Answering to both Dgbrt's comment here above. This was my way of noticing that the OS knows that the shift has been pressed and also knows which key has been pressed. I'm certainly no computer guy, but just wished to make it clear that they do in fact give a signal even though this is not normally activated unless another key is pressed. Since I'm not into programming I do not know how, but I guess it should not be more difficult to set the two shift option up than to set capslock to Ctrl? And so far there has been no talk about saying Cueball programmed that. Of course he did for all points on the list. This is his laptop and his configurations. So to me it seems that focusing on the problem of making shift do something rather than switching keys was unimportant. If you can find a way to make more sense out of my attempts to make this clear in the trivia then go ahead, or even delete any ref to the problem of using shift keys, also in the main explanation, because there seems to be none as far as I understand on other peoples comment. (They are probably someone who knows a lot more about this than me, and it seems they also knows more about it than you Dgbrt?) --Kynde (talk) 13:37, 11 March 2017 (UTC)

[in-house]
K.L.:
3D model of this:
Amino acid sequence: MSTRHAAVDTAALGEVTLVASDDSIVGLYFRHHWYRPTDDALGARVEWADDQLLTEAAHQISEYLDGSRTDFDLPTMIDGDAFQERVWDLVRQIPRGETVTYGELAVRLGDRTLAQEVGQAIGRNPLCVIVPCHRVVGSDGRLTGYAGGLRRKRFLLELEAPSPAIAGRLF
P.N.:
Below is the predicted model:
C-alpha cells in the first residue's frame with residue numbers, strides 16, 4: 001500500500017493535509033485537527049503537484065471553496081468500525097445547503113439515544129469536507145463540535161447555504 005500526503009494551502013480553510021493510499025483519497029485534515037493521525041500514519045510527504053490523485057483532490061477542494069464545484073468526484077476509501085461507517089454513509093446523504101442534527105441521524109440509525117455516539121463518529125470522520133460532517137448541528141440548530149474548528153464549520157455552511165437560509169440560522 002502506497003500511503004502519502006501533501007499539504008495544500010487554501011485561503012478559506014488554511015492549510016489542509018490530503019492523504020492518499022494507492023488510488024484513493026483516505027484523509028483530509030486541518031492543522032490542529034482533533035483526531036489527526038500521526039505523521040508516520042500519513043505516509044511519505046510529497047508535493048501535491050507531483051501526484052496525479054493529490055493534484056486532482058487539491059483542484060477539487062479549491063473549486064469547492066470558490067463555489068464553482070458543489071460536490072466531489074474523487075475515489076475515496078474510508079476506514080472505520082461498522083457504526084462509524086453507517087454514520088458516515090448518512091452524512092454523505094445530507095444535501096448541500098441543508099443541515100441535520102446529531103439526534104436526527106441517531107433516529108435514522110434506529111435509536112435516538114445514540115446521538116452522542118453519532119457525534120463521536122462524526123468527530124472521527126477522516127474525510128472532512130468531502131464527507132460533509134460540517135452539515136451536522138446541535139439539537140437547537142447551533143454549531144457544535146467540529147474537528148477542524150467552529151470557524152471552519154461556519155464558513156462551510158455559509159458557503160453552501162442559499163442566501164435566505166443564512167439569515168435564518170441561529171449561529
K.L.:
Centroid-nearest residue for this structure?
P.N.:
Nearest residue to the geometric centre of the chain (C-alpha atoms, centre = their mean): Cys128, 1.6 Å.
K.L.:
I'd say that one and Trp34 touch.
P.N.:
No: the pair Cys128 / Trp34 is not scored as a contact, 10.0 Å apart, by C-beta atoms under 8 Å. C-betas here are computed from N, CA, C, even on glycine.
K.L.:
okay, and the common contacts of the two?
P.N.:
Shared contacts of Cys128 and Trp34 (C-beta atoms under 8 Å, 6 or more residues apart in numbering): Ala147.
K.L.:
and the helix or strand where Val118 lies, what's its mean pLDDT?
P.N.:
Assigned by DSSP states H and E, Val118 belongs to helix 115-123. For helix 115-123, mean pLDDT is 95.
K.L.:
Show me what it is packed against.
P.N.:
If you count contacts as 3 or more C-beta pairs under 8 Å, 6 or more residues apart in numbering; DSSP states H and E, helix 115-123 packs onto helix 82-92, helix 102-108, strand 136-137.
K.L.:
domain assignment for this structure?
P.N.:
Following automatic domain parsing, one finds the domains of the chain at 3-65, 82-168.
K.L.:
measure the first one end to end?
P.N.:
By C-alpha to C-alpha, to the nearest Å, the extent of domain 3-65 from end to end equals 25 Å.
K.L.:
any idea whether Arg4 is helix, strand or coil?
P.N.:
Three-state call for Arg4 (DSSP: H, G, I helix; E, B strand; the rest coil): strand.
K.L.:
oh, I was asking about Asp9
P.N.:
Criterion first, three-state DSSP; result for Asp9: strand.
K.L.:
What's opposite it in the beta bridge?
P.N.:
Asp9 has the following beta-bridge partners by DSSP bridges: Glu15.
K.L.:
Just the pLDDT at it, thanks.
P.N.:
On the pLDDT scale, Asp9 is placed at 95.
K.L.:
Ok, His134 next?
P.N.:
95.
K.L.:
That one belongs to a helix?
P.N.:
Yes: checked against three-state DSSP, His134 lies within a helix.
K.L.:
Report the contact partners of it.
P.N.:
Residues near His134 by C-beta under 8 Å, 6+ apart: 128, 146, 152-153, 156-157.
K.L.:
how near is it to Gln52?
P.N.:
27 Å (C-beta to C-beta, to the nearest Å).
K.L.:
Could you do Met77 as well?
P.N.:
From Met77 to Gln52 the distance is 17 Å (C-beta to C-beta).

OMG, go here and test your key codes: JavaScript Event KeyCodes. Left and right shift is both 16! That's what the OS sends to your browser because the OS ignores further possible information.--Dgbrt (talk) 19:32, 11 March 2017 (UTC)

I run Linux Mint XFCE, and I've been using double shift as a keyboard-switching shortcut for quite a while. In the XFCE keyboard layout settings (GUI), double shift is one of the default options available for switching (in addition to double Ctrl, double Alt, etc.), no special software or tweaking necessary. (note: I've never commented here before. I hope I did it right.)Orange (talk) 19:33, 12 March 2017 (UTC)

Thanks Orange for your first comment here. You are welcome! But for chronological reasons I've moved this to the bottom at this chapter. Nevertheless, are you talking about pressing a shift key twice or really left and right at the same time? No other key required? If so, pleeease give me an example because google still can't help me on this.--Dgbrt (talk) 21:34, 13 March 2017 (UTC)--Dgbrt (talk) 21:34, 13 March 2017 (UTC)
Left and right at the same time with nothing else pressed, and this is using a built-in laptop keyboard. Oddly, I can't find any examples online of others using the double-shift combination, but I did find this page where a few other multiple-modifier combinations are shown (eg. Alt+Ctrl, Alt+Shift) in an Ubuntu settings box. I could show a screenshot of my own settings box if that would help. Orange (talk) 05:24, 14 March 2017 (UTC)